During my counseling session on Friday, I told my therapist (Kat) about the previous journal entry I had written (Just Okay). I told her about my discontentment with practically everything in my life. I told her I felt stuck, and like I was drowning in a sea of things that were unfulfilling, but very safe.
Kat gave me a homework assignment. She wanted me to write something in my journal about change. Of course I embraced this writing assignment whole heartedly. So today's entry is about change. How do I feel about it, and more importantly, why does it scare me? As the thoughts on this subject begin to fill my head, I realize it may end up being a mini series!
For most human beings, it's normal to like things to be stable. Babies and children need to stay on a schedule so they know what to expect. If their routines get interrupted, they become very fussy and out of sorts. But as we get older, we learn that we must adapt to new things. Some people have an easier time than others adjusting to these changes.
My friend Madison seems to like change. She's moved to new cities two different times in her life; both times by herself. She's willing to try almost anything, and she seems to have no problem at all with changes to her daily schedule. She appears to be comfortable going with the flow.
My friend and coworker Stella is the complete opposite. I truly have never met anyone more resistant to change. Stella still has the same hairstyle, clothes, and makeup she has had since the 1970's. She does not own a cell phone or a computer. Stella has a very difficult time when new computer programs or new policies and procedures are introduced at work. Not that she can't do them or understand them; she just doesn't like that things have changed. Often she will still refer back to policies that were in place years or even decades ago.
So where do I fit in? Somewhere in between I guess. I don't like change at work, but I know sometimes it's necessary. Some work changes I'm much more resistant to than others. I don't have a lot of problems changing plans. I would never move away from home unless my entire family and all my friends were going too. I haven't changed my look a lot over the years, but I have tried to keep somewhat current with makeup, shoes, and hairstyles. I wear jeans most of the time, but transitioned well from bell bottoms to straight legs, to pleated and acid washed, to boot cut. I don't like to move, but have. I don't like it when my kids have to change schools. I've only had one real job my whole life, even though I've held different positions within the company. My first marriage lasted seven years, four of which were a nightmare, but I hung in there anyway, thinking and hoping things might get better. They didn't. I went through several hellish years in my current marriage, thinking and hoping things might get better. They did. I don't like to burn bridges with people. I am able to get rid of many old items, but hold tight to others that have significant meaning to me.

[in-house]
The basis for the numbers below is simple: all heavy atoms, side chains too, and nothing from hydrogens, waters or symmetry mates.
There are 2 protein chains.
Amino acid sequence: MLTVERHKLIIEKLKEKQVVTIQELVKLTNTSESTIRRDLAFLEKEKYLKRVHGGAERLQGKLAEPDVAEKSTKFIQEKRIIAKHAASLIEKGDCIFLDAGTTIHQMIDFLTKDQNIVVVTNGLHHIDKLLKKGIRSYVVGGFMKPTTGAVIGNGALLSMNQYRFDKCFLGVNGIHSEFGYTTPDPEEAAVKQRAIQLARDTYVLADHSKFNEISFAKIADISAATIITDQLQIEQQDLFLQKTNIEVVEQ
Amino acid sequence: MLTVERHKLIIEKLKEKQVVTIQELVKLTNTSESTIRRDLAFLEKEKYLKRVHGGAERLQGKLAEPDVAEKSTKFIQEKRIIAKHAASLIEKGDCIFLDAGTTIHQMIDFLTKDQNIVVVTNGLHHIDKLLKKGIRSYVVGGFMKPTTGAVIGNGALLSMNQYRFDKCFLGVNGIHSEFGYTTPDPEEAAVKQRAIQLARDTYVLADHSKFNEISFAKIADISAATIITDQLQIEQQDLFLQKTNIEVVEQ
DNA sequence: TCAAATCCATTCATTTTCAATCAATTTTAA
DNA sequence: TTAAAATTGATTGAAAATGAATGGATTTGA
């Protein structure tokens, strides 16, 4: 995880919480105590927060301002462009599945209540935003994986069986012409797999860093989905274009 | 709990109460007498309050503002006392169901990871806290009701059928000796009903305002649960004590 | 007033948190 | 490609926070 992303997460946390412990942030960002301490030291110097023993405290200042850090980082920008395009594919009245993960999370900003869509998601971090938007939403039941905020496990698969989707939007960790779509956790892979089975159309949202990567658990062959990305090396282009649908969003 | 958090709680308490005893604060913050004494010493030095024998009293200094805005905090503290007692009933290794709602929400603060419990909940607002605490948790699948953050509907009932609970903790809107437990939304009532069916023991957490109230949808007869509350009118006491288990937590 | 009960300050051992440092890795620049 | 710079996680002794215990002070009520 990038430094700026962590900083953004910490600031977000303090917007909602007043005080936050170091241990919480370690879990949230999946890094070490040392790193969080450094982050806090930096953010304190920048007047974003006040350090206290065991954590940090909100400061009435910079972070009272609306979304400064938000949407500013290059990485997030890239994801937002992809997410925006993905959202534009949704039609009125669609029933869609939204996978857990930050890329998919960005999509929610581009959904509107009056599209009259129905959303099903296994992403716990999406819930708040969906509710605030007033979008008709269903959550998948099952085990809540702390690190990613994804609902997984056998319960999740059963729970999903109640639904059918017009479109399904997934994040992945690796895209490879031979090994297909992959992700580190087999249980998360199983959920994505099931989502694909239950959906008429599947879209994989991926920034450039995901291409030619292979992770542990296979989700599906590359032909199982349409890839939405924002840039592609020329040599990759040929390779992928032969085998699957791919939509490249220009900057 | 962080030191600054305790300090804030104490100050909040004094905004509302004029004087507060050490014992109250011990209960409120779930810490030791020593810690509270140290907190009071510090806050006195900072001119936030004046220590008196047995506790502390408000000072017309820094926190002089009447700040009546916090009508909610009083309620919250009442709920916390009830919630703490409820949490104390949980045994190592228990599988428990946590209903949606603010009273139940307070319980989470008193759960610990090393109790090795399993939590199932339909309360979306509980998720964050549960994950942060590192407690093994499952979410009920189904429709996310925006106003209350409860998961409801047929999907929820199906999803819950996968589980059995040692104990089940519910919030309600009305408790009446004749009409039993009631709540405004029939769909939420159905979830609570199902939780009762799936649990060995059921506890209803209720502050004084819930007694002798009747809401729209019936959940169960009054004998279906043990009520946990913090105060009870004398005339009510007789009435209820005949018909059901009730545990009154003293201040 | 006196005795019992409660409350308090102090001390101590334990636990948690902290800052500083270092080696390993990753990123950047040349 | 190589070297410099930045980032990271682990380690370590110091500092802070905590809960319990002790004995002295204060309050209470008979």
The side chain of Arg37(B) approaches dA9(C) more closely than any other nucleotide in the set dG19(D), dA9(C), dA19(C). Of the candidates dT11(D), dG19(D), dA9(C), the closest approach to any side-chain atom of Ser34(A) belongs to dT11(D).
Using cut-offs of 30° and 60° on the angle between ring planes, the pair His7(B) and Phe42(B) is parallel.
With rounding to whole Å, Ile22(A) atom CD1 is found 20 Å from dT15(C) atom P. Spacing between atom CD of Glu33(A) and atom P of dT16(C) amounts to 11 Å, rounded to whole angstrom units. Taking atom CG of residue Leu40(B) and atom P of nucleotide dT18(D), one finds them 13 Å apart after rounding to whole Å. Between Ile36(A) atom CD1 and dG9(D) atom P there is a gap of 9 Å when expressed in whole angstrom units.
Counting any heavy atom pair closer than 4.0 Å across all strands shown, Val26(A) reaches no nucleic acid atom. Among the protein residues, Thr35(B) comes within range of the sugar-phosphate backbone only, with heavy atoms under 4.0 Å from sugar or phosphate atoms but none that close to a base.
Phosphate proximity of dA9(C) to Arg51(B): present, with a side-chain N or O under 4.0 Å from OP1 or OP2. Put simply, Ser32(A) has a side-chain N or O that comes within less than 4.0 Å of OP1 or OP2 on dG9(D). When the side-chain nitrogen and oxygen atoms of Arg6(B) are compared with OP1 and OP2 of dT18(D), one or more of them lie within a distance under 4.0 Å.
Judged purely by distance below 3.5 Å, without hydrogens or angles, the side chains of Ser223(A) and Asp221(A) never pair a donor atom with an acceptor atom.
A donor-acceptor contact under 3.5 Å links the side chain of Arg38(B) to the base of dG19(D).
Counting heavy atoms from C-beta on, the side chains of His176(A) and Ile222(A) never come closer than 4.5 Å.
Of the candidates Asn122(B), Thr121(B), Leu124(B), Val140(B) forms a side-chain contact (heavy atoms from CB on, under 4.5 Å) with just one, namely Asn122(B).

I think I'll end this entry here. I'm going to re-read it and figure out why I embrace some changes but not others. I'm going to think about Madison and Stella, and why change is so markedly different to the two of them. Stay tuned.
A codependent person is one who has let another person's behavior affect him or her, and who is obsessed with controlling that person's behavior.
The following two "Detach" journal entries will give you a crash course:
"An Answer to a Prayer" dated Nov 1, 2008 "How Did We Wind Up Here?" dated Nov 2, 2008
About This Journal
In 2008 I had the life changing realization that there was a name for what I'd always felt was "wrong" with me. After 20 years of thumbing through various self-help books. I learned about codependence.
I began writing this journal to document my journey out. Over time, it's evolved into something more. While I still talk about codependence (I know now, it will never totally leave me), this blog has turned into the thumbprint of my life; a therapeutic journal for me to sort out a lifetime of thoughts and memories. I believe in being honest with myself and others, and when something is bothering me, I reach out. With a support team of strong, smart women surrounding us, we can all continue to grow. I'm trying to live my best life, in pursuit of a Healthy Mind, a Healthy Body.